Remember when Joltin’ Joe Mather tore up the Cactus League in 2012, won a roster spot with the Cubs and proceeded to post a .581 OPS while defying the odds and staying with the team for the entire season? Neither does anyone else other people who went to high school with Joe. They probably yelled things like “I sat next to that guy in Spanish!” when his latest highlight would roll past on Comcast Sportsnet Chicago. It’s hard to believe that we didn’t get a made for TV movie called “Spring: The Joe Mather Story.” It would have started with Joe struggling to tear himself away from his family before the start of camp, then he gets to camp and starts hitting and keeps hitting. It ends with Joe getting called into Dale Sveum’s office and earning a roster spot.
Mather hasn’t seen the major leagues since 2012 and he likely never will again. He’s only here to serve as a grim reminder that spring numbers are not meant to be trusted. They are meant to be forgotten as soon as games count.
This spring wasn’t any different from any other. The closest thing we had to a baseball lifer doing well in 2013 was Cardinals frequent bus rider Shane Robinson and his 1.212 OPS (with nine doubles!). In 2014, we had someone called “Brandon Hicks” posting a 1.152 OPS in 46 at bats. Hicks’ hot spring was enough to earn a roster spot and he’s currently posting a 1.179 OPS. It’s like the spring numbers predicted it! (No, it’s not.)
Kansas City Royals third baseman Mike Moustakas ended the spring third in the league with a 1.290 OPS. It took Moustakas six games to get his first hit. He’s currently rocking an embarrassing .176 OPS in 26 PA’s. That’s his on-base PLUS slugging. .176. Moustakas isn’t this bad, but he should be on your bench, not in your lineup. Let’s pour a little out for the guys who drafted Moustakas in an AL only league.
The pitching side of the ledger tends to look slightly more normal, but we still had Jeff Manship posting a 1.80 ERA in 20 innings for the Phillies this spring. The good news for Manship is that he earned a bullpen job. This gives us a story line for “Spring 2: In Camp With The Phillies.”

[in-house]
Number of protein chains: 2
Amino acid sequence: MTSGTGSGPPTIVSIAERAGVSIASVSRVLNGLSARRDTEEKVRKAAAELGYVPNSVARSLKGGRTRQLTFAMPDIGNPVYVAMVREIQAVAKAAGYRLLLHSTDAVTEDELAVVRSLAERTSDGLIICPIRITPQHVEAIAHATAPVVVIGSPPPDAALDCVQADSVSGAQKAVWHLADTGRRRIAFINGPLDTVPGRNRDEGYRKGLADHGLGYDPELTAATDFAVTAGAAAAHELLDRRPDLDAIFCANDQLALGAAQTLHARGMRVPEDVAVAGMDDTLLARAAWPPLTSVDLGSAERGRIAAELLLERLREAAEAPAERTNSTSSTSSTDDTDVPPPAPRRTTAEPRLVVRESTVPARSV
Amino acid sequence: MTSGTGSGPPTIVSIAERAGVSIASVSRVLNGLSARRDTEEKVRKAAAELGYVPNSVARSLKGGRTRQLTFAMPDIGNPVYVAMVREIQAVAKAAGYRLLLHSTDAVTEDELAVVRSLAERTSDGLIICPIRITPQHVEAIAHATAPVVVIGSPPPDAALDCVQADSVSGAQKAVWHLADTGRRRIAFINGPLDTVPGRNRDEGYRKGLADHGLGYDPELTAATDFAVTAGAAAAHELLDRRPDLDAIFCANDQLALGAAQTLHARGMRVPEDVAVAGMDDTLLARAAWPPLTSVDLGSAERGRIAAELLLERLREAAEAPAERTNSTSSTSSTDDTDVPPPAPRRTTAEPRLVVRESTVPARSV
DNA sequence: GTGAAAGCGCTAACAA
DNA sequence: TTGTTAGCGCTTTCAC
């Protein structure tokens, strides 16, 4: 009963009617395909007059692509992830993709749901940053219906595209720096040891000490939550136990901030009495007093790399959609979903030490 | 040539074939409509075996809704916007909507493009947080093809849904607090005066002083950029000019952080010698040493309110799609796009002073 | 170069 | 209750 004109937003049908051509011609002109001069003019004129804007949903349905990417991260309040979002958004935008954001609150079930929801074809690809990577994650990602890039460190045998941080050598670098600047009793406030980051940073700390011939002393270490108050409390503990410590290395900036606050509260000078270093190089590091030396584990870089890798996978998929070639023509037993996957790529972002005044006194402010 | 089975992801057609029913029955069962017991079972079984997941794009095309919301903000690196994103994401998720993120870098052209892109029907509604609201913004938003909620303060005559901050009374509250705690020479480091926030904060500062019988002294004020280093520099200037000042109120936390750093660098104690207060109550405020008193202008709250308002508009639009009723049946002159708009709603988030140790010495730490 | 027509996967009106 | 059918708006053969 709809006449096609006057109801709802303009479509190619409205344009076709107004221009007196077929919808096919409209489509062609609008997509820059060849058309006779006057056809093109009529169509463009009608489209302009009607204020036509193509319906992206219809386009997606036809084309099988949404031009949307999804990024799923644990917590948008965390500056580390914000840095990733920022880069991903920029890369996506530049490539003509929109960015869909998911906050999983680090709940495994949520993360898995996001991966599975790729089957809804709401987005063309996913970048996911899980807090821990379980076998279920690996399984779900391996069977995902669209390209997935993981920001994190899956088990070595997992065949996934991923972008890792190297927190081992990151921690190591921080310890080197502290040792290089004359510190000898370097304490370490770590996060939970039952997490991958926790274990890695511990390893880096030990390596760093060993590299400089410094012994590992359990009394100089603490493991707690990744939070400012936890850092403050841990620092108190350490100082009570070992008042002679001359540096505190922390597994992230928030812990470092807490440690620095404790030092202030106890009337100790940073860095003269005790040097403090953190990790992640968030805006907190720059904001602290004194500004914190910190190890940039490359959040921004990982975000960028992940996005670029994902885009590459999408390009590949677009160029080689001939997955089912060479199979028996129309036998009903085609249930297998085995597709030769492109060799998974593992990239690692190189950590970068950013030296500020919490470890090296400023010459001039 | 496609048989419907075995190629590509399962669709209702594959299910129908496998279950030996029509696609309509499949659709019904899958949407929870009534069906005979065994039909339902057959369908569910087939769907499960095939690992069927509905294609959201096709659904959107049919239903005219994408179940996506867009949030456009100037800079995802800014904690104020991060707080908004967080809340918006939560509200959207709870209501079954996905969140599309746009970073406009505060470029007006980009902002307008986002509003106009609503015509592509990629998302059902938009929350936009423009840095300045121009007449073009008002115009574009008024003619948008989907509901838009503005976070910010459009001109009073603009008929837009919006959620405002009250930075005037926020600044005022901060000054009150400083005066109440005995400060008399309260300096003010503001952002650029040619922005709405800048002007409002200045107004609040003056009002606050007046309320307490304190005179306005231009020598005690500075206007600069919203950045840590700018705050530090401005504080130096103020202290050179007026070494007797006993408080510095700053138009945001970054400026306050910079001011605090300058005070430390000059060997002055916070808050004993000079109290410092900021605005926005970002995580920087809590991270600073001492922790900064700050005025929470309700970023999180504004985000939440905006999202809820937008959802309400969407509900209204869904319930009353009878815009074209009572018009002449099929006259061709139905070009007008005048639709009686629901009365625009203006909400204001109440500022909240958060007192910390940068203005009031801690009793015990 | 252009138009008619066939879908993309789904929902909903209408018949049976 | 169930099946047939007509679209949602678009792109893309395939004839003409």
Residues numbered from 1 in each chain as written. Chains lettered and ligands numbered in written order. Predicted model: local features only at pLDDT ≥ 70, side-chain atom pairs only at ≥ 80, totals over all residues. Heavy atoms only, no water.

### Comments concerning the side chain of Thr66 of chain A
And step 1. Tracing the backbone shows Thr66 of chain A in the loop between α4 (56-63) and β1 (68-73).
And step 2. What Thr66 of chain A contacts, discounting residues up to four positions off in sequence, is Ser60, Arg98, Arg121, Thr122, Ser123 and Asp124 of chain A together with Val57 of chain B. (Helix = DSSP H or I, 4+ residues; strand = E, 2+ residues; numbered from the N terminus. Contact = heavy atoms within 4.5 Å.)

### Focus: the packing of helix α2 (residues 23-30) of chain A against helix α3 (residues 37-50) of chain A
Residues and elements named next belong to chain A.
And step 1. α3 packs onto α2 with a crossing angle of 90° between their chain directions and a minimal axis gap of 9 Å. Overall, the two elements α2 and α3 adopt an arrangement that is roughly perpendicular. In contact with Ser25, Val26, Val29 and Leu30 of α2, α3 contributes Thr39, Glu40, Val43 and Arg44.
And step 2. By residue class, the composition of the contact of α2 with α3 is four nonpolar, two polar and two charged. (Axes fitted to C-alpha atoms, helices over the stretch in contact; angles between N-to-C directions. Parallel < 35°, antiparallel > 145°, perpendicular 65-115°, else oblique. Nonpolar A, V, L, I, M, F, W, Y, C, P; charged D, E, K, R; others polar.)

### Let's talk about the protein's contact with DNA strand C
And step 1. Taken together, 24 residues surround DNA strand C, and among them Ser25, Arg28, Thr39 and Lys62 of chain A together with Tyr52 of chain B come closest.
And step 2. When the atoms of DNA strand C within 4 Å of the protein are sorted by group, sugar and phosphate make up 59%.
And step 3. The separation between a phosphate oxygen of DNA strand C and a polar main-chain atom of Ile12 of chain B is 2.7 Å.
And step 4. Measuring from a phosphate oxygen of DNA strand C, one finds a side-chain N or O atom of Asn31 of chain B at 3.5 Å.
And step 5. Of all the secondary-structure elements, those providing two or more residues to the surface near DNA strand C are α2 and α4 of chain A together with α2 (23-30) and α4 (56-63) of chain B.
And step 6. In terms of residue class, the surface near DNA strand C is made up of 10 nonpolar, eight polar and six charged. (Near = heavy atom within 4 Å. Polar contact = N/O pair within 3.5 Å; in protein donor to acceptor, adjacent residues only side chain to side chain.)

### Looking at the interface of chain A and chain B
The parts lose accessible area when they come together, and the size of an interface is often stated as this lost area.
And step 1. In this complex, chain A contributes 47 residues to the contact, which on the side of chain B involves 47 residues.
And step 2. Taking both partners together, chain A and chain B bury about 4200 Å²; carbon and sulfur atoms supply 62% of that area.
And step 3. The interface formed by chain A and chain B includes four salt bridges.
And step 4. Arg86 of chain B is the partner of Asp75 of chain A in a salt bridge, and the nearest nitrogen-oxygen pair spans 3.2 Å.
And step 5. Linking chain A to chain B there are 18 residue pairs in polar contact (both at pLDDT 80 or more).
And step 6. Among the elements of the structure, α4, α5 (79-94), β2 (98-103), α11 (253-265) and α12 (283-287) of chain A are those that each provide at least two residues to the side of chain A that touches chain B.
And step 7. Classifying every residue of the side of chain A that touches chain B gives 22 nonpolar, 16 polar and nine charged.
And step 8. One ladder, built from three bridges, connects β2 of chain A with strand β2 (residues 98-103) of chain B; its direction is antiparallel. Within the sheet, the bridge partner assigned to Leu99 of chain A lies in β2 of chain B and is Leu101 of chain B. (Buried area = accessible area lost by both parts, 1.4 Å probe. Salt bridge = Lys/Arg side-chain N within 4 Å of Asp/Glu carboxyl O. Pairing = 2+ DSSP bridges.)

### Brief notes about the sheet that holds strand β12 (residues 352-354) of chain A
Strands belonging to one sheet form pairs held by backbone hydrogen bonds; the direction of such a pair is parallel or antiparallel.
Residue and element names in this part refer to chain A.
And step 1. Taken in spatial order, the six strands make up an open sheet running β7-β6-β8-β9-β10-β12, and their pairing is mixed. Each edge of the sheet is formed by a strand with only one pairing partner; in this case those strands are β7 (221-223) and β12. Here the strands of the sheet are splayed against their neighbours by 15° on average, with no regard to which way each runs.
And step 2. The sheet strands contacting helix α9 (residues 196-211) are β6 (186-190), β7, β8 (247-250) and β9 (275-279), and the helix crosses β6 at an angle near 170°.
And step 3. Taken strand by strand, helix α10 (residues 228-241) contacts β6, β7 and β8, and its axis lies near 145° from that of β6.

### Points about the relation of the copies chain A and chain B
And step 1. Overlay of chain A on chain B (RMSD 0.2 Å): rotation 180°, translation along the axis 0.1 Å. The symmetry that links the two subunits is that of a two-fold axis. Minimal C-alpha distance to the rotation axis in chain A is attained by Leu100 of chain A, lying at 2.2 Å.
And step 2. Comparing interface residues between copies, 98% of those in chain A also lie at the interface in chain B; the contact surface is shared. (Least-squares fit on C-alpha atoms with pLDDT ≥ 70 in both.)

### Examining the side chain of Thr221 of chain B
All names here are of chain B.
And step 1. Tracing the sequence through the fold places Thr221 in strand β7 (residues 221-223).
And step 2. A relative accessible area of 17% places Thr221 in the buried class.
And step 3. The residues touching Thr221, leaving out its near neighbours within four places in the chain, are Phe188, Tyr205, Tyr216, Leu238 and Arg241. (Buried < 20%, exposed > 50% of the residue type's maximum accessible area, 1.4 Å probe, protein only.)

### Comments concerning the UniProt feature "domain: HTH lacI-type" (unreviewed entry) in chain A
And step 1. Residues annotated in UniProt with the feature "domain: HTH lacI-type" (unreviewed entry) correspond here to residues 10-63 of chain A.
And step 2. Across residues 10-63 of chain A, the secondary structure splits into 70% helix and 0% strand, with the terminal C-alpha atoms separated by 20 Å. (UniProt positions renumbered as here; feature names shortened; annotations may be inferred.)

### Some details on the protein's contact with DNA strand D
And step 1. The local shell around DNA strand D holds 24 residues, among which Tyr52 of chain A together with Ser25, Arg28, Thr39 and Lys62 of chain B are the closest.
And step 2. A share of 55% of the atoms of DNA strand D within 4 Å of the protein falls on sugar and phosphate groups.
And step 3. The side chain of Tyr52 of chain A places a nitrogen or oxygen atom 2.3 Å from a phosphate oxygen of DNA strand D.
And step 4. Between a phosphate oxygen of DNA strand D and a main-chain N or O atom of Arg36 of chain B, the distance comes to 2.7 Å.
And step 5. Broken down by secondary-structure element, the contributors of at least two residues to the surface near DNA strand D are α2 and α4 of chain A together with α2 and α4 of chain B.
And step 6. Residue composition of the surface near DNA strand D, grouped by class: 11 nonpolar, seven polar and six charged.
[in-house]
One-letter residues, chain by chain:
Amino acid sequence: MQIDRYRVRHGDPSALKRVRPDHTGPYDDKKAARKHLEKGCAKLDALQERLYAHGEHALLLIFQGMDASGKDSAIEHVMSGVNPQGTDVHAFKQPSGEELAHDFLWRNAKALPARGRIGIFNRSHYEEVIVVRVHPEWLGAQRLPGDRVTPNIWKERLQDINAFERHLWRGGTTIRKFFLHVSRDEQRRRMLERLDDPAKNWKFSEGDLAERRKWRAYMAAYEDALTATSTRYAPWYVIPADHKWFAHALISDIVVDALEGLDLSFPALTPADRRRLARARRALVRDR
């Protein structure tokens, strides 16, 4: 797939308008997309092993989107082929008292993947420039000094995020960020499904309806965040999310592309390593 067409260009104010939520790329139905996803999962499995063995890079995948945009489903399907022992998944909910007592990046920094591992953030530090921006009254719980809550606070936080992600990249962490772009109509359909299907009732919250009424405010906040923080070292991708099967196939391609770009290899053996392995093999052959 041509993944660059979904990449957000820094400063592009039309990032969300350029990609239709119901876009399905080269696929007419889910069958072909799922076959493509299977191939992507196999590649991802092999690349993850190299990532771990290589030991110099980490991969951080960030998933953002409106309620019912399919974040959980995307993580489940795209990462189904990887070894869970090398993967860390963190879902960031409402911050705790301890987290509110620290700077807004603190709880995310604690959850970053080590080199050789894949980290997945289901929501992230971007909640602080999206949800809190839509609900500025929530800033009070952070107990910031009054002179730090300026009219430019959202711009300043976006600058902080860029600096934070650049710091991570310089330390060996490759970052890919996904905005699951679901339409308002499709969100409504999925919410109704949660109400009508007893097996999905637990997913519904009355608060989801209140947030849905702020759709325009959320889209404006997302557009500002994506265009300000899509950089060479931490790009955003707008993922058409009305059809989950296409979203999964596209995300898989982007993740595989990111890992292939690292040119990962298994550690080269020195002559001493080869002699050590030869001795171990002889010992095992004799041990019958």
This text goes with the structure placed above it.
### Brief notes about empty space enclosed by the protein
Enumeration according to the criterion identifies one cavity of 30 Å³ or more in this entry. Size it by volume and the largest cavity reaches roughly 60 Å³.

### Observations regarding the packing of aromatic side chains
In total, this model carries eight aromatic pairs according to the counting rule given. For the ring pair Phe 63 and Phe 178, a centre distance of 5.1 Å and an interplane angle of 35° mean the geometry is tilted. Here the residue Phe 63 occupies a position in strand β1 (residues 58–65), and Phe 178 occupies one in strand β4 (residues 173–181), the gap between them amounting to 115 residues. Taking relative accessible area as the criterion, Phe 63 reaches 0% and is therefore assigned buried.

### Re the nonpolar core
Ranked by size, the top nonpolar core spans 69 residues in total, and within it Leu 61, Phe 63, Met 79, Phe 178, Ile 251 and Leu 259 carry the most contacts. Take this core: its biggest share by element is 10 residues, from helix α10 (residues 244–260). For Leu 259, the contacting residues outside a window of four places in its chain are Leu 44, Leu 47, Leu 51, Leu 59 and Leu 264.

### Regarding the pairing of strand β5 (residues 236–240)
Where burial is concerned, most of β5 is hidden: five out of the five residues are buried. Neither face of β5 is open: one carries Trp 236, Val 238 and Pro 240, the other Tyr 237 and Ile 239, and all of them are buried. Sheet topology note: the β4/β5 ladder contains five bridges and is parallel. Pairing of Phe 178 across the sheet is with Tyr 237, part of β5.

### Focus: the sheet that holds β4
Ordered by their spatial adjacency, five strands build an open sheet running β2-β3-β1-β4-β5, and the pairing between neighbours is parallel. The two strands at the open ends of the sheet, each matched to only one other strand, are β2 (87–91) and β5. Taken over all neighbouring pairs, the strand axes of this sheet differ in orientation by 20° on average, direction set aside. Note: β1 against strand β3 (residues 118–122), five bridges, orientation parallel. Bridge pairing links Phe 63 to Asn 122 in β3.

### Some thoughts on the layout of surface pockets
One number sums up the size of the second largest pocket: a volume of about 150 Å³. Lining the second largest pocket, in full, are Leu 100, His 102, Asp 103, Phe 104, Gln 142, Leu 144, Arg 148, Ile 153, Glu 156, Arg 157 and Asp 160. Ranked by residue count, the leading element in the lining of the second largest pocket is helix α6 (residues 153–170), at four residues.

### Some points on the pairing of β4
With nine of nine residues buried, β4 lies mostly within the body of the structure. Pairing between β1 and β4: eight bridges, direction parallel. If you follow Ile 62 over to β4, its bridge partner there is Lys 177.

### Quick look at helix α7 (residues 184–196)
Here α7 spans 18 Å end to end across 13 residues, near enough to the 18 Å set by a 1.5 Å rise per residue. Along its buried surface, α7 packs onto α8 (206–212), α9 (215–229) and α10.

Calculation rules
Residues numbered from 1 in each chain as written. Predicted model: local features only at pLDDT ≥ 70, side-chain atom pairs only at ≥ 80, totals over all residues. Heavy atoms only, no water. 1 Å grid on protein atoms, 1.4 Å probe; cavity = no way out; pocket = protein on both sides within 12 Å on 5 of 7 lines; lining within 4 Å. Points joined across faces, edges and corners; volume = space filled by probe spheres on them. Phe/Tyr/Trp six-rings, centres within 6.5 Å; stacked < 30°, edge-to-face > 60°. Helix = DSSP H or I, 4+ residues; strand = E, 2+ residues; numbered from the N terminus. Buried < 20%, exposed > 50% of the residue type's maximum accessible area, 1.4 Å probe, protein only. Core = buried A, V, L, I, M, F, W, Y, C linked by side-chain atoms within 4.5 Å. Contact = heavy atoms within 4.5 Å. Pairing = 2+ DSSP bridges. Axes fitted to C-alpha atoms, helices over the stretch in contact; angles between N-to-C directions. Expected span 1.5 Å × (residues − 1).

It’s almost better to look at the bottom of the spring ERA charts than the top. Clayton Kershaw, Rick Porcello, Ryan Vogelsong, Felix Doubront and Joe Blanton all posted ERAs over 7.00 for the spring, but surprisingly only Blanton got his release.
The only spring stat remotely worth looking at is to be K:BB for pitchers. Looking at K:BB would have probably kept you from wasting a high round pick on Tampa Bay Rays starter Matt Moore. Moore posted a 1.20 K:BB with a 7.79 BB/9 during the spring. He started bad in spring, started bad in the regular season and has an appointment to visit Dr. Andrews. You would have stayed away from Clayton Kershaw’s 2.00 K:BB and Tim Lincecum’s 1.88 K:BB, but the problem is that a mediocre K:BB ratio would have also kept you away from Tony Cingrani and Jose Fernandez.
Then again, if you paid attention to spring numbers you would have seen Daisuke Matsuzaka post a 6.28 K:BB with a 9.51 K/9 and get set to Triple-A while Yovani Gallardo posted a 6.46 K/9 and earned an Opening Day start.
Spring Training numbers are nonsense. Stay away from them. Let others in the draft room obsess over them. Instead of looking at boxscores, look at news. Make sure your draft targets are healthy and have a clear path to a job. It’s better to keep an eye on the injury news than it is to see who hit a homer in a game that doesn’t matter.
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